Notice that these 12 messages were all received during times of darkness. Somewhere in the forum there is a post by Gary LaPook where he pointed out that the post-loss receptions were best thought of as correlating with darkness rather than water levels at Nikumaroro. At night listeners in the Pacific were able to pick up radio transmissions fromgreat distances. LaPook argued that the post-loss receptions were fragments of transmissions from far away rather than fro the Electra, and the Itasca and Howland logs certainly show that those listening for Earhart did receive signals on her frequency from far away places.
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Ric Gillespie

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Re: Questions about Post-Loss Radio Analysis
« Reply #5 on: June 03, 2013, 08:58:06 AM »

While Itasca and the Electra may have been the only possible central Pacific source of signals on Earhart’s frequency, as stated in the material accompanying the post-loss catalog, the 12 Howland receptions listed here and the Itasca receptions quoted above indicate that listeners in the central Pacific could have, and did, hear radio signals that weren’t from either of these sources.

That's true. Itasca and the Electra were the only possible central Pacific source of signals on Earhart’s frequency.  Commercial aircraft on the U.S. west coast were also a potential source of faint voice signals on 3105. Weak unmodulated carriers on 3105 seem to have been not that uncommon and we have not listed any such reception as a credible post-loss signal from Earhart.

Notice that these 12 messages were all received during times of darkness. Somewhere in the forum there is a post by Gary LaPook where he pointed out that the post-loss receptions were best thought of as correlating with darkness rather than water levels at Nikumaroro.

The water level charts at the end of Bob Brandenburg's paper clearly show that the credible transmissions were not randomly distributed during the hours of darkness but correspond quite precisely to periods during the night when the water level was low enough to run an engine.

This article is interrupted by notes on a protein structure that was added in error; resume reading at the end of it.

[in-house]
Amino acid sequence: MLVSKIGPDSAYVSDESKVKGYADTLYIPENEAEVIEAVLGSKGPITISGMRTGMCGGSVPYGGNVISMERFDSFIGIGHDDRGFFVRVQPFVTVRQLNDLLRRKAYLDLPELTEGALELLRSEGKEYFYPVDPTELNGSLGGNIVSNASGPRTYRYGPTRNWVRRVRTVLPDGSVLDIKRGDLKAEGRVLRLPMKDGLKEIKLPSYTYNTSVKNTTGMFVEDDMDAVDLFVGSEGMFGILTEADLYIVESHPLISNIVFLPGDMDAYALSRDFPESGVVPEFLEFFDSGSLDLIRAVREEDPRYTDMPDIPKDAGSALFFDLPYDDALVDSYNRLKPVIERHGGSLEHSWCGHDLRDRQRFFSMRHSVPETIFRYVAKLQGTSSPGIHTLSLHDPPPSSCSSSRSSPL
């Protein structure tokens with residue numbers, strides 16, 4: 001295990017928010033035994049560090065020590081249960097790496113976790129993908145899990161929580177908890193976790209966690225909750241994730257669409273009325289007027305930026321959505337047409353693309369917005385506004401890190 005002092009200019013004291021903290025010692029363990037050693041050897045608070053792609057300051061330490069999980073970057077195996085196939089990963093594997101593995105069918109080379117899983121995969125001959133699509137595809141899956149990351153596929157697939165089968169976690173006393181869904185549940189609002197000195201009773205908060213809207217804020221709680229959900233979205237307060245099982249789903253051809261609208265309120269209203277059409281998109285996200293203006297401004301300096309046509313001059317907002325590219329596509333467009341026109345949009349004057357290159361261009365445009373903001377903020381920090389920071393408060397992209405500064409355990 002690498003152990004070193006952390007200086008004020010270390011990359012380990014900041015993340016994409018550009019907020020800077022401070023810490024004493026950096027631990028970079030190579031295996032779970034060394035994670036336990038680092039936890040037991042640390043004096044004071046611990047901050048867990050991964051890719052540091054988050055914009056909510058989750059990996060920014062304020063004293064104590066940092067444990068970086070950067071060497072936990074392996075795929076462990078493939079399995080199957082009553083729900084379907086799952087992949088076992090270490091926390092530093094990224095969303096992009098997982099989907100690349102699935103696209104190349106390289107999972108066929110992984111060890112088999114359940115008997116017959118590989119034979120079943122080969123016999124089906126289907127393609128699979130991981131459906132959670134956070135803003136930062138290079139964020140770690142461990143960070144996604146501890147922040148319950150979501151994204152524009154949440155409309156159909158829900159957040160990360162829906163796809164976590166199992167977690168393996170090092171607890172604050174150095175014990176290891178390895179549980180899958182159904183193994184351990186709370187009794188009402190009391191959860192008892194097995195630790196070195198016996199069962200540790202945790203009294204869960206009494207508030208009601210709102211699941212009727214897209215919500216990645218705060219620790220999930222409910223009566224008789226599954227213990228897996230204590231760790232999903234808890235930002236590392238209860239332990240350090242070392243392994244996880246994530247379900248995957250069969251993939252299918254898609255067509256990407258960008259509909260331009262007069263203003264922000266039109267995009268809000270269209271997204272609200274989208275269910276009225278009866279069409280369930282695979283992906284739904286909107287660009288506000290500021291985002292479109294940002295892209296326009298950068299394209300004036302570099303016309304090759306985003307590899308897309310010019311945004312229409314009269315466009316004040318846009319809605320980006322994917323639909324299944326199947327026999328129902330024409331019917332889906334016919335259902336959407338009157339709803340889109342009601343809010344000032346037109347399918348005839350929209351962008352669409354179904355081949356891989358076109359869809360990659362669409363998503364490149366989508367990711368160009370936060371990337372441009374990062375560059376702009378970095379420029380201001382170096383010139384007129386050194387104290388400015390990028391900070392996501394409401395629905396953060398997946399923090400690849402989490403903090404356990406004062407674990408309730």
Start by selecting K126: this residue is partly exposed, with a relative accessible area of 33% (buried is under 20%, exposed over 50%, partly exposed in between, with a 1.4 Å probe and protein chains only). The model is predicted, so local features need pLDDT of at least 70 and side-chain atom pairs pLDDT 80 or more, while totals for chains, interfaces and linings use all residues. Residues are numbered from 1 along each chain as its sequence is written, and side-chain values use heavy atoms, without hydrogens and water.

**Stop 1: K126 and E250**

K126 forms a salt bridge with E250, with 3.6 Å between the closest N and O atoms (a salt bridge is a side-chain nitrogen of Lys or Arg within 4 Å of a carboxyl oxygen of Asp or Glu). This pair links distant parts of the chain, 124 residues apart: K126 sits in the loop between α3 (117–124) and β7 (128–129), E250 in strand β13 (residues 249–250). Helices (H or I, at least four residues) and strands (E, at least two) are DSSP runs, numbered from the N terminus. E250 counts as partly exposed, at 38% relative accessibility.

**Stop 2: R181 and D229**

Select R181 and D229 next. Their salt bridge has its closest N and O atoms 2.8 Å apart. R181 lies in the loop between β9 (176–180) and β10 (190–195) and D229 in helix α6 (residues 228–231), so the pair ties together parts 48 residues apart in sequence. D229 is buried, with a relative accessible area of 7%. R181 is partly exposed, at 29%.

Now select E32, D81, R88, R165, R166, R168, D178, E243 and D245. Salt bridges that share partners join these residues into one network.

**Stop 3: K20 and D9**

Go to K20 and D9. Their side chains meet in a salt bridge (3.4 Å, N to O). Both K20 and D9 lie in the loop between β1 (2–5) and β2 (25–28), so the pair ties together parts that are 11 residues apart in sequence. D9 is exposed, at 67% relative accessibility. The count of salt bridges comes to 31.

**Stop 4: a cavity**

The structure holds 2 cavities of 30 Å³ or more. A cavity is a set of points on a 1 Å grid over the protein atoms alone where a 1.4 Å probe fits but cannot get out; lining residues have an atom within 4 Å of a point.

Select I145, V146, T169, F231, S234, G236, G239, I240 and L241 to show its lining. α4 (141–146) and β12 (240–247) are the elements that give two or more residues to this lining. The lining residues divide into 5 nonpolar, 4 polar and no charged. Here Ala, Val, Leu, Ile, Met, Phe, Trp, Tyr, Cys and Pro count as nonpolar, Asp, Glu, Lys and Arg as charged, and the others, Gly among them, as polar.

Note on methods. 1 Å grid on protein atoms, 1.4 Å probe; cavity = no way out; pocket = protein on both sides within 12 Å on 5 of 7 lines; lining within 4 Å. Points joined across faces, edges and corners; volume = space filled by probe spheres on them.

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Steve Lee

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Re: Questions about Post-Loss Radio Analysis
« Reply #6 on: June 03, 2013, 11:30:12 AM »

The receptions I listed, and the ones Al listed, fall somewhere in the spectrum between a fragmentary voice reception and a reception of a weak carrier signal. I looked at the post loss catalog and it seems to me that a number of the credible receptions listed  there also fall in this range. I list some of these receptions below:

Cat #55, July 4 Mokapu Point. “Immediately following the KGU broadcast at 0833Z, the Pan American station at Mokapu heard a faint carrier on approximately 3105 kHz, but the signal was too weak to distinguish any words.”

Cat# 102 July 5 Midway. “A faint, wobbly, short duration voice signal was heard and a bearing of approximately 201°was obtained. The frequency was checked with that of Itasca’s 3105 kHz transmitter and found to be “just a hair higher.” A man’s voice was distinctly heard but was too weak to be understood or identified.”

Cat # 114 July 4 Itasca Detachment, Howland.  “A man’s voice, very weak, was heard.”

Cat # 121 July 5 Wake Island. “At 0948 a voice signal of good intensity and well modulated but wavering badly suddenly came on 3105. While the carrier frequency of this signal did not appear to vary appreciably, its strength did vary in an unusually erratic manner and at 0950 the carrier strength fell off sharply with the wavering more noticeable than ever. At 0952 it went off completely.”

Cat # 123 July 5 Itasca Detachment, Howland. “An unidentified continuous wave signal was heard. No call sign was heard. A direction finder bearing of either south-southeast or north-northwest was obtained using a magnetic compass. The bearing ambiguity was due to ionospheric multipath interference – “night effect.” The frequency was reported as “slightly above” 3105 kHz.”

Cat# 129 July 5 Wake Island. “A very unsteady voice modulated carrier was observed at 1223Z, which lasted until 12:36 Z. Wake was able to get an approximate bearing of 144 degrees, believed to be reasonably accurate. The signal began at QSA 5 (a very strong signal) and gradually reduced to QSA 2 (moderate strength) by 12:36Z.”
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Ric Gillespie

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Re: Questions about Post-Loss Radio Analysis
« Reply #7 on: June 03, 2013, 11:50:10 AM »

The receptions I listed, and the ones Al listed, fall somewhere in the spectrum between a fragmentary voice reception and a reception of a weak carrier signal. I looked at the post loss catalog and it seems to me that a number of the credible receptions listed  there also fall in this range.

I disagree. All of the credible signals you cite have positive factors , i.e. apparent direct response to KGMB, definite modulation, a bearing indicating possible origin in the Phoenix Group.  The weak carrier receptions you cite are just that - weak carriers.  I see no basis for saying they "fall somewhere in the spectrum between a fragmentary voice reception and a reception of a weak carrier signal."